Antineoplastic agents were designed to treat malignancies. A relatively new use of these agents is in the management of diseases with an inflammatory component such as psoriasis, rheumatoid arthritis, and systemic lupus erythematosus. Depending on their use, these agents are prescribed by oncologists, rheumatologists, or oral pathologists (for oral conditions related to systemic autoimmune diseases). For patients taking these agents to treat malignancies, the dental hygienist should be aware of the relationship between the timing of the treatments and the effects on the bone marrow. The dental hygienist should be familiar with the side effects of these agents, especially their oral manifestations.
Current research is elucidating many different mechanisms involved in the etiology of cancer, including genetics, viruses, deleted or damaged tumor-suppressor genes, specific oncogenes, and changes in both ribonucleic acid (RNA) and deoxyribonucleic acid (DNA) that affect the growth of cells. Many animal carcinogens have been identified, but proving carcinogenic potential in humans is much more difficult.
Many human carcinogens are environmental carcinogens, for example, polychlorinated biphenyls (PCBs) from transformers. Other known carcinogens are tobacco smoke, aflatoxins (produced by moldy peanuts), sunlight (increase in malignant melanoma and squamous cell carcinoma), radiation, chemicals, dioxin, and benzene. Most authorities believe that the herpes viruses and papillomaviruses have a potential for producing cancerous changes. Patients with a history of certain diseases, such as hepatitis, have a higher incidence of liver cancer than patients without such history.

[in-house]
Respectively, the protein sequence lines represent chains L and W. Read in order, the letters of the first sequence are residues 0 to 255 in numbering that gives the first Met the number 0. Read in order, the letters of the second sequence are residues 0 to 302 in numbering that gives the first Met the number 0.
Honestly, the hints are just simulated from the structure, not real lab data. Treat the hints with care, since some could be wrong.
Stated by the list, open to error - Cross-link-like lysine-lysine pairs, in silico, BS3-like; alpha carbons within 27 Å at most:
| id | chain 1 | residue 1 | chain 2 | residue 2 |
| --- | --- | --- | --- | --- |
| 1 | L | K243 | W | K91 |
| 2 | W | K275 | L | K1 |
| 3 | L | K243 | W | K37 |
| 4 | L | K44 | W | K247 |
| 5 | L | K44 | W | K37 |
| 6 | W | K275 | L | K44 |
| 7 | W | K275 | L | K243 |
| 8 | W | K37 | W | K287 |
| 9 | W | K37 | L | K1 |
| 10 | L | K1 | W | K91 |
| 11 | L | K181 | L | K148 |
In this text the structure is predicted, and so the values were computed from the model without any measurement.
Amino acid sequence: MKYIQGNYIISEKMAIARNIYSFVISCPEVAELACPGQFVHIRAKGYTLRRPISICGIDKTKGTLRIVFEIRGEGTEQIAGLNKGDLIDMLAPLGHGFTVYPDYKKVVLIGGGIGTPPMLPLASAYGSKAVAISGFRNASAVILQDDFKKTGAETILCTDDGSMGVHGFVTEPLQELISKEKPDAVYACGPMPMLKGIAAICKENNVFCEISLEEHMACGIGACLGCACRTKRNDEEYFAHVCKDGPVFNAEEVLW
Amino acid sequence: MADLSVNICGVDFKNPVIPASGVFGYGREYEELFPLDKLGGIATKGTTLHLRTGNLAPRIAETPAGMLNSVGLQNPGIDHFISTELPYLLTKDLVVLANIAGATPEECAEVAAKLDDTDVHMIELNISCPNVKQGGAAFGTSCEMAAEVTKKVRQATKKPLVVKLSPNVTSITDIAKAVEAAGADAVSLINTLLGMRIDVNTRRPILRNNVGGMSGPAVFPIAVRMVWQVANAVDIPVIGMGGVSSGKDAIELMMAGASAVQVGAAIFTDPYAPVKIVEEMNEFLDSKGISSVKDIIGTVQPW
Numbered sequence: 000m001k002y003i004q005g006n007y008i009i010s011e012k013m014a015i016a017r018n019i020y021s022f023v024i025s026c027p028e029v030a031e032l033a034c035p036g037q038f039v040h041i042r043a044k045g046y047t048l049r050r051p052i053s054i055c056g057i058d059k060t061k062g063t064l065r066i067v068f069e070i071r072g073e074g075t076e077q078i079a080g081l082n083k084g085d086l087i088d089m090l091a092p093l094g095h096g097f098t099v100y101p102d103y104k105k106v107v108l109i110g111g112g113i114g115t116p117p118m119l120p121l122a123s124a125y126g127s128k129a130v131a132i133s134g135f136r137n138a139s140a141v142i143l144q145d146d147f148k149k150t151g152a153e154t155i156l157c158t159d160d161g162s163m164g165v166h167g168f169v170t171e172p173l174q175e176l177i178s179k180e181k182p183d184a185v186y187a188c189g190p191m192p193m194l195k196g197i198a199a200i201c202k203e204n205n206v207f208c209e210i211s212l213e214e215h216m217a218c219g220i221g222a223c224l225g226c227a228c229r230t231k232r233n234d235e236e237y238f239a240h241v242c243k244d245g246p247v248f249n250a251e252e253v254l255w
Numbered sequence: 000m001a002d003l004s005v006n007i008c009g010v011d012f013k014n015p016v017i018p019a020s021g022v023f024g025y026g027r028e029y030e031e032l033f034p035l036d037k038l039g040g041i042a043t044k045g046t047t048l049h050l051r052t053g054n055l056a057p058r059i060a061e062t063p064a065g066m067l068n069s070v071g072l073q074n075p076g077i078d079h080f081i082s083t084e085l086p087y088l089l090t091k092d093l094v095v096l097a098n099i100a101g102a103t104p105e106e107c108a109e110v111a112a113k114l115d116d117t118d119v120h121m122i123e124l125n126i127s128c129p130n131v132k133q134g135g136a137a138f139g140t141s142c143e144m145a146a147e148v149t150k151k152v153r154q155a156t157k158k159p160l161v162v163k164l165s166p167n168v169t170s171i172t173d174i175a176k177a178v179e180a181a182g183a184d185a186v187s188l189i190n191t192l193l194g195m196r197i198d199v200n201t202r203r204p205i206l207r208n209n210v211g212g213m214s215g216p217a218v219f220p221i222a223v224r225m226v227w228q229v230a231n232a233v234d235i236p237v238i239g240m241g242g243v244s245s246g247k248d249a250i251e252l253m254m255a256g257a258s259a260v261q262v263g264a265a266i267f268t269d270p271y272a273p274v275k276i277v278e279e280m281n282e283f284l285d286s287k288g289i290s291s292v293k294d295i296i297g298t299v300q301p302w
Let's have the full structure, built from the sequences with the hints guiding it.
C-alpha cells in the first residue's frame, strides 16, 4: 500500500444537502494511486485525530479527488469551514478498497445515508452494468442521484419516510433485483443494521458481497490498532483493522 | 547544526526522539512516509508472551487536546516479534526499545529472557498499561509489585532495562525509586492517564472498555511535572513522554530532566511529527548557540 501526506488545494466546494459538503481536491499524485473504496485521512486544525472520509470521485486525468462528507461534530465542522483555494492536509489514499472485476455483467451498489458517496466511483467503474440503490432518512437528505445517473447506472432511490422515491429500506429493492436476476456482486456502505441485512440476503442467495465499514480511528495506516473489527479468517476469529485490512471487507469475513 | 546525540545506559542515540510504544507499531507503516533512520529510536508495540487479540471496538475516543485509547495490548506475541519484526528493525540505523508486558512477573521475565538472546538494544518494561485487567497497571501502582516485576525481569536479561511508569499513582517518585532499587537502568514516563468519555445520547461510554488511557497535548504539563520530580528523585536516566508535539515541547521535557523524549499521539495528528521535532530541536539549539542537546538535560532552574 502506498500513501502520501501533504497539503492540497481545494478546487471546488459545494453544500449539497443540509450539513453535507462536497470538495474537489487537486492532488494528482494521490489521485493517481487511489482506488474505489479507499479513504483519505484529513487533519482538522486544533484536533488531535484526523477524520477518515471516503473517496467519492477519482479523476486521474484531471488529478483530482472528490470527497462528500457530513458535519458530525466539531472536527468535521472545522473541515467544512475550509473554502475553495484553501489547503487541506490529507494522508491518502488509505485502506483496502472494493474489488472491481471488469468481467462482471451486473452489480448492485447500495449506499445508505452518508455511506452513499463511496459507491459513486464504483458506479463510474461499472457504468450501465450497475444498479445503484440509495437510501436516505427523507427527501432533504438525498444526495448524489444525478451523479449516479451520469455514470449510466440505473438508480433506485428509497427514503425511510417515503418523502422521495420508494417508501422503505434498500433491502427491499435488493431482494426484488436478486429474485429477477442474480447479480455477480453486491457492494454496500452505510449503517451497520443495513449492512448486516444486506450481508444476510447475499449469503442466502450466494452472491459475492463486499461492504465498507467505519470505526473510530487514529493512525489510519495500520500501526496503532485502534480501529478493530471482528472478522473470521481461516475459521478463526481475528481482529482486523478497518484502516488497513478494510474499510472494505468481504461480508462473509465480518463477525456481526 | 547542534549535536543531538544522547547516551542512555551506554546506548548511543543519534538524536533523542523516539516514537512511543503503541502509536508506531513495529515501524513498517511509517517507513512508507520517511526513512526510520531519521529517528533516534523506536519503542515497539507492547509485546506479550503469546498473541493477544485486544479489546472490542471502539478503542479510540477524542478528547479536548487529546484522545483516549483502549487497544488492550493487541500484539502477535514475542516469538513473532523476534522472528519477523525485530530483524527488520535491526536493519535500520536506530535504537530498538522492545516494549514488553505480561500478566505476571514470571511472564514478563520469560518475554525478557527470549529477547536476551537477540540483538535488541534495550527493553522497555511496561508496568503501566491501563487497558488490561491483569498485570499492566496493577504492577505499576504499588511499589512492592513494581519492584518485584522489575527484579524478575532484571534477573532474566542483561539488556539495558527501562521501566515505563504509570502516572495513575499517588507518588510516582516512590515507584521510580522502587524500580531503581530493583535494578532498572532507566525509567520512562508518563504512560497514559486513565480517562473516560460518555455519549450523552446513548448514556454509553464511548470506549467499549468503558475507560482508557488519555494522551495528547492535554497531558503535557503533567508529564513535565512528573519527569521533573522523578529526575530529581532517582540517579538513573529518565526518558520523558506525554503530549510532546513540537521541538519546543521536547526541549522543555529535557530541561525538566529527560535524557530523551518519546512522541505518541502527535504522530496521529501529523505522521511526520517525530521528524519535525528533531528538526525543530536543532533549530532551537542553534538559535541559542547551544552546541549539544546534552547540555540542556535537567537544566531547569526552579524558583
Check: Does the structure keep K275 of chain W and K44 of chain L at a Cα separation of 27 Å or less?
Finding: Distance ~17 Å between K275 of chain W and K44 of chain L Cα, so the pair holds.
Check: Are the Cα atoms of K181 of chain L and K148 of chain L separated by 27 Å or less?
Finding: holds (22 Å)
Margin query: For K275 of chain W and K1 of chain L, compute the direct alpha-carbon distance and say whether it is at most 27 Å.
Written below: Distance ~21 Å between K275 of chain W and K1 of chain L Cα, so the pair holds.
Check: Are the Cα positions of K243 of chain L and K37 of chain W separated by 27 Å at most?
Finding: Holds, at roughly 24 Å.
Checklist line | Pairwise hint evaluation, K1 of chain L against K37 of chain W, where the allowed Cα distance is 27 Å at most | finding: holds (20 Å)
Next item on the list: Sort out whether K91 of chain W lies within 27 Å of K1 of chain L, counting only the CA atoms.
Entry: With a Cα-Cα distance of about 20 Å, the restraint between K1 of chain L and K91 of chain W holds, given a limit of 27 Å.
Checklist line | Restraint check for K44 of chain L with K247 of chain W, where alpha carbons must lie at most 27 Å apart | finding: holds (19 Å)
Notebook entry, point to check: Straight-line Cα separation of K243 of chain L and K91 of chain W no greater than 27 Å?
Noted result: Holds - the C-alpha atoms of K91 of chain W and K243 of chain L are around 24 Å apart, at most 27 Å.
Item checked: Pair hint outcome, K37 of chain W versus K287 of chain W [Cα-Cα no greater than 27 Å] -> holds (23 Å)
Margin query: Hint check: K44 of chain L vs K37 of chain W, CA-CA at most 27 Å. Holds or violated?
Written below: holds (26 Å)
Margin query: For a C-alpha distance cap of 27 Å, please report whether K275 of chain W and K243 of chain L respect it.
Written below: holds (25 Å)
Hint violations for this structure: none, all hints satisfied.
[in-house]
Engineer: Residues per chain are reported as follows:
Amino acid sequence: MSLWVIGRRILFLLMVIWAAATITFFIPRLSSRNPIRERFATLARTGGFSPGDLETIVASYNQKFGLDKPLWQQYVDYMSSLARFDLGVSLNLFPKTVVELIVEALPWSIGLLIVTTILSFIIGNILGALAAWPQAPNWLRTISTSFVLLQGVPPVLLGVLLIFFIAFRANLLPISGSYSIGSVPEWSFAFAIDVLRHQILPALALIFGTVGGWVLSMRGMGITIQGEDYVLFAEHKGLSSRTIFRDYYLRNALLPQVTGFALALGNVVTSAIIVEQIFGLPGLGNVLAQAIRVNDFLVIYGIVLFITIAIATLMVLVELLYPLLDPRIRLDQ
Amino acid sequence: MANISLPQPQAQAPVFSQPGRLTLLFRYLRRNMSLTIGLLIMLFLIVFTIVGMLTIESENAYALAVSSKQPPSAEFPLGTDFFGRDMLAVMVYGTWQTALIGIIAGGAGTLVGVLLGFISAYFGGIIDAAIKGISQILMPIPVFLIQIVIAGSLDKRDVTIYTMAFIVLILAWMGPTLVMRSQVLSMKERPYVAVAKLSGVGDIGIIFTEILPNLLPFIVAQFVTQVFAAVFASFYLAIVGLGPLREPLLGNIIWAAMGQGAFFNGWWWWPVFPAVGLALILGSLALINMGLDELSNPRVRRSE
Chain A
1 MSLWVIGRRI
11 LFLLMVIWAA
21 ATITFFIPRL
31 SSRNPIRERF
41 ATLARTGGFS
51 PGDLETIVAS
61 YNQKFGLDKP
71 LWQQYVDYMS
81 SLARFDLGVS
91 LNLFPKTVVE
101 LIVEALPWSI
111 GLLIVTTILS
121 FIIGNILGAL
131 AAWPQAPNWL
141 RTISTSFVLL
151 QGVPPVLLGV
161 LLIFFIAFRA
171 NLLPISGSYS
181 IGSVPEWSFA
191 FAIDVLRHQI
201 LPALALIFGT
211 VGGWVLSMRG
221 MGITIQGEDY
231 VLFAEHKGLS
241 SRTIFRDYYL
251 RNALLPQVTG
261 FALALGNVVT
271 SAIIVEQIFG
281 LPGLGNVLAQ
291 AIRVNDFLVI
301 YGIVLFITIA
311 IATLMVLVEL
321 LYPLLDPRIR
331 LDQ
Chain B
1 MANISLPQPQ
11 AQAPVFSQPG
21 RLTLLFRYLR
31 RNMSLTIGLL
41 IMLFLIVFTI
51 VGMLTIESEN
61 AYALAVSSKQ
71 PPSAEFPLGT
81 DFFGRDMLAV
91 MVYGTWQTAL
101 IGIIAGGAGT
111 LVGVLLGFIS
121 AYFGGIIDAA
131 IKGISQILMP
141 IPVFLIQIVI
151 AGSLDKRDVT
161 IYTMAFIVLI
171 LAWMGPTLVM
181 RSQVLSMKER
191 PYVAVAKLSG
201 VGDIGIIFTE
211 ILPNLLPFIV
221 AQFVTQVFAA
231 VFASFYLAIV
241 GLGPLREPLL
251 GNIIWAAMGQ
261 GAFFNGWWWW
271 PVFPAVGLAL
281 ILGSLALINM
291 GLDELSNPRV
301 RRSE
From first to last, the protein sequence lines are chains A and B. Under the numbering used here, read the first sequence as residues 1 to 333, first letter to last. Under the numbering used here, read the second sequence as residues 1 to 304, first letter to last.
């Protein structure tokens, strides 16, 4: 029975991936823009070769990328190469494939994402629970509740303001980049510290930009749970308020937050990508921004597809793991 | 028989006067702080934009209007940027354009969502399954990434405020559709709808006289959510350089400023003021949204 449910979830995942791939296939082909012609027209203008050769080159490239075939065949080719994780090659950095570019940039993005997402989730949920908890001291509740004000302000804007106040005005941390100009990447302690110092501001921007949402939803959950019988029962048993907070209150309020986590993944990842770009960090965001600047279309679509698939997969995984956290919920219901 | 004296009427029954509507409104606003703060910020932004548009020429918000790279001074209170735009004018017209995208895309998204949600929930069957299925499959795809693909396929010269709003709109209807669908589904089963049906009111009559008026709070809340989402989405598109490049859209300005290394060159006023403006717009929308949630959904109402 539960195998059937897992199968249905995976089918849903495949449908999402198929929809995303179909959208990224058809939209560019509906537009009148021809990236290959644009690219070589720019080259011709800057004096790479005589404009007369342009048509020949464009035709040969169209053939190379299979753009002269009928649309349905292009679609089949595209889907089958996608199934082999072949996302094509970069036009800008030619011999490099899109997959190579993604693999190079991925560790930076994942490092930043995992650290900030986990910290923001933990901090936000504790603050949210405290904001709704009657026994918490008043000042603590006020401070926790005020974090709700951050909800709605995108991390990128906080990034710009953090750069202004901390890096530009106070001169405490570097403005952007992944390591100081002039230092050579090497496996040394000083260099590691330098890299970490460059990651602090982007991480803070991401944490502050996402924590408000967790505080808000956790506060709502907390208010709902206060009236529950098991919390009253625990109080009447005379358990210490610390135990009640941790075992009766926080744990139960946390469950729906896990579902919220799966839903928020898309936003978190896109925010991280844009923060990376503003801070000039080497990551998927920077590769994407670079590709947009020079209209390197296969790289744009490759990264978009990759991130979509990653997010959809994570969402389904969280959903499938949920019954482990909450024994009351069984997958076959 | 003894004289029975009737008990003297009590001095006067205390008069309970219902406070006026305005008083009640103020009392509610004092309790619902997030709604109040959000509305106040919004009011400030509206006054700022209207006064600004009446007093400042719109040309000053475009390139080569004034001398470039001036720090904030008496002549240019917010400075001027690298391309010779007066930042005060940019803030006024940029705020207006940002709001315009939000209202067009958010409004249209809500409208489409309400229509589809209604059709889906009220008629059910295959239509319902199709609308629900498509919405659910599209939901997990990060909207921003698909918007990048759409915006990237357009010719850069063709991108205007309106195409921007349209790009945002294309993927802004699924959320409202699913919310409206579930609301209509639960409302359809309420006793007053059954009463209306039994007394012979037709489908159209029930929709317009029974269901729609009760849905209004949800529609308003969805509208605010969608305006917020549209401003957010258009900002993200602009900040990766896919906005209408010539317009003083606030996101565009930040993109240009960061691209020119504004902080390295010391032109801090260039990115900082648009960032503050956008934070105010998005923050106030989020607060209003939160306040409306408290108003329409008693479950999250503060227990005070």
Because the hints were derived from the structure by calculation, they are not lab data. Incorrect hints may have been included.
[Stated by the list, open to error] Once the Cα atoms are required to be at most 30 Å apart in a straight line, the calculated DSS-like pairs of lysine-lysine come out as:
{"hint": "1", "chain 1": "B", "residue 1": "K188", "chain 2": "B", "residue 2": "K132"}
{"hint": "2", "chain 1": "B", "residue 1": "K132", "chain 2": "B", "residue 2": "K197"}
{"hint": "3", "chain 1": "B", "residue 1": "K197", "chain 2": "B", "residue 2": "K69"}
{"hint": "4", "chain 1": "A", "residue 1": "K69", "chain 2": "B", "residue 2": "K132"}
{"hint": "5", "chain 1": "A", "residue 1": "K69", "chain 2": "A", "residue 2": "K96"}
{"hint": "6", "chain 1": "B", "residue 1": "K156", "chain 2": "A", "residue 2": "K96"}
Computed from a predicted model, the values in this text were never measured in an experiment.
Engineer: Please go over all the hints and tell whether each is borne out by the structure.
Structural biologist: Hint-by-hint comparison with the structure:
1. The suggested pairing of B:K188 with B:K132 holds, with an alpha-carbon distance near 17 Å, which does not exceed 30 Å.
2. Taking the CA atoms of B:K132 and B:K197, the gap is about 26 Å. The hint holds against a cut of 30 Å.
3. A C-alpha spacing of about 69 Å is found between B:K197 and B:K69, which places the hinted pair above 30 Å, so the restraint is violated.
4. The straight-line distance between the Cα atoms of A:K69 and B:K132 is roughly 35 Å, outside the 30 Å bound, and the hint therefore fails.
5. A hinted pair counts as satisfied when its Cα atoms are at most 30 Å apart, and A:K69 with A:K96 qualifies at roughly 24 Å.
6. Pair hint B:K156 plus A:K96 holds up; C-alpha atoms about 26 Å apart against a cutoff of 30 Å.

Normal cells have a mechanism to turn off cell growth with certain signals. In cancer, however, a change in the cells occurs so that they continue to grow. With a lack of control (switch does not turn off), the abnormal neoplastic cells continue to grow. The cell-surface antigens appear similar to the normal fetal types, so the body does not mount an immune response. The tumor stem cells have chromosomal abnormalities, repetitions, and select subclones. With repeated cycles, the cells can migrate or metastasize to distant sites, thereby spreading the cancer. For example, cancer that begins in the breast may spread to the bone or liver.
Antineoplastic agents, sometimes called cancer chemotherapeutic agents, are used clinically to interfere with the neoplastic cells. The antineoplastic agents interfere with some function of the malignant cells. They suppress the growth of the cells and attempt to destroy and prevent the spread of malignant cells. (Figure 23-1 illustrates the way in which cancer cells respond to chemotherapy.) These agents are used either alone or in combination or with irradiation or surgery, depending on the type of malignancy being treated. Each type of malignancy may be sensitive to each of the three modalities: drugs, irradiation, or surgery.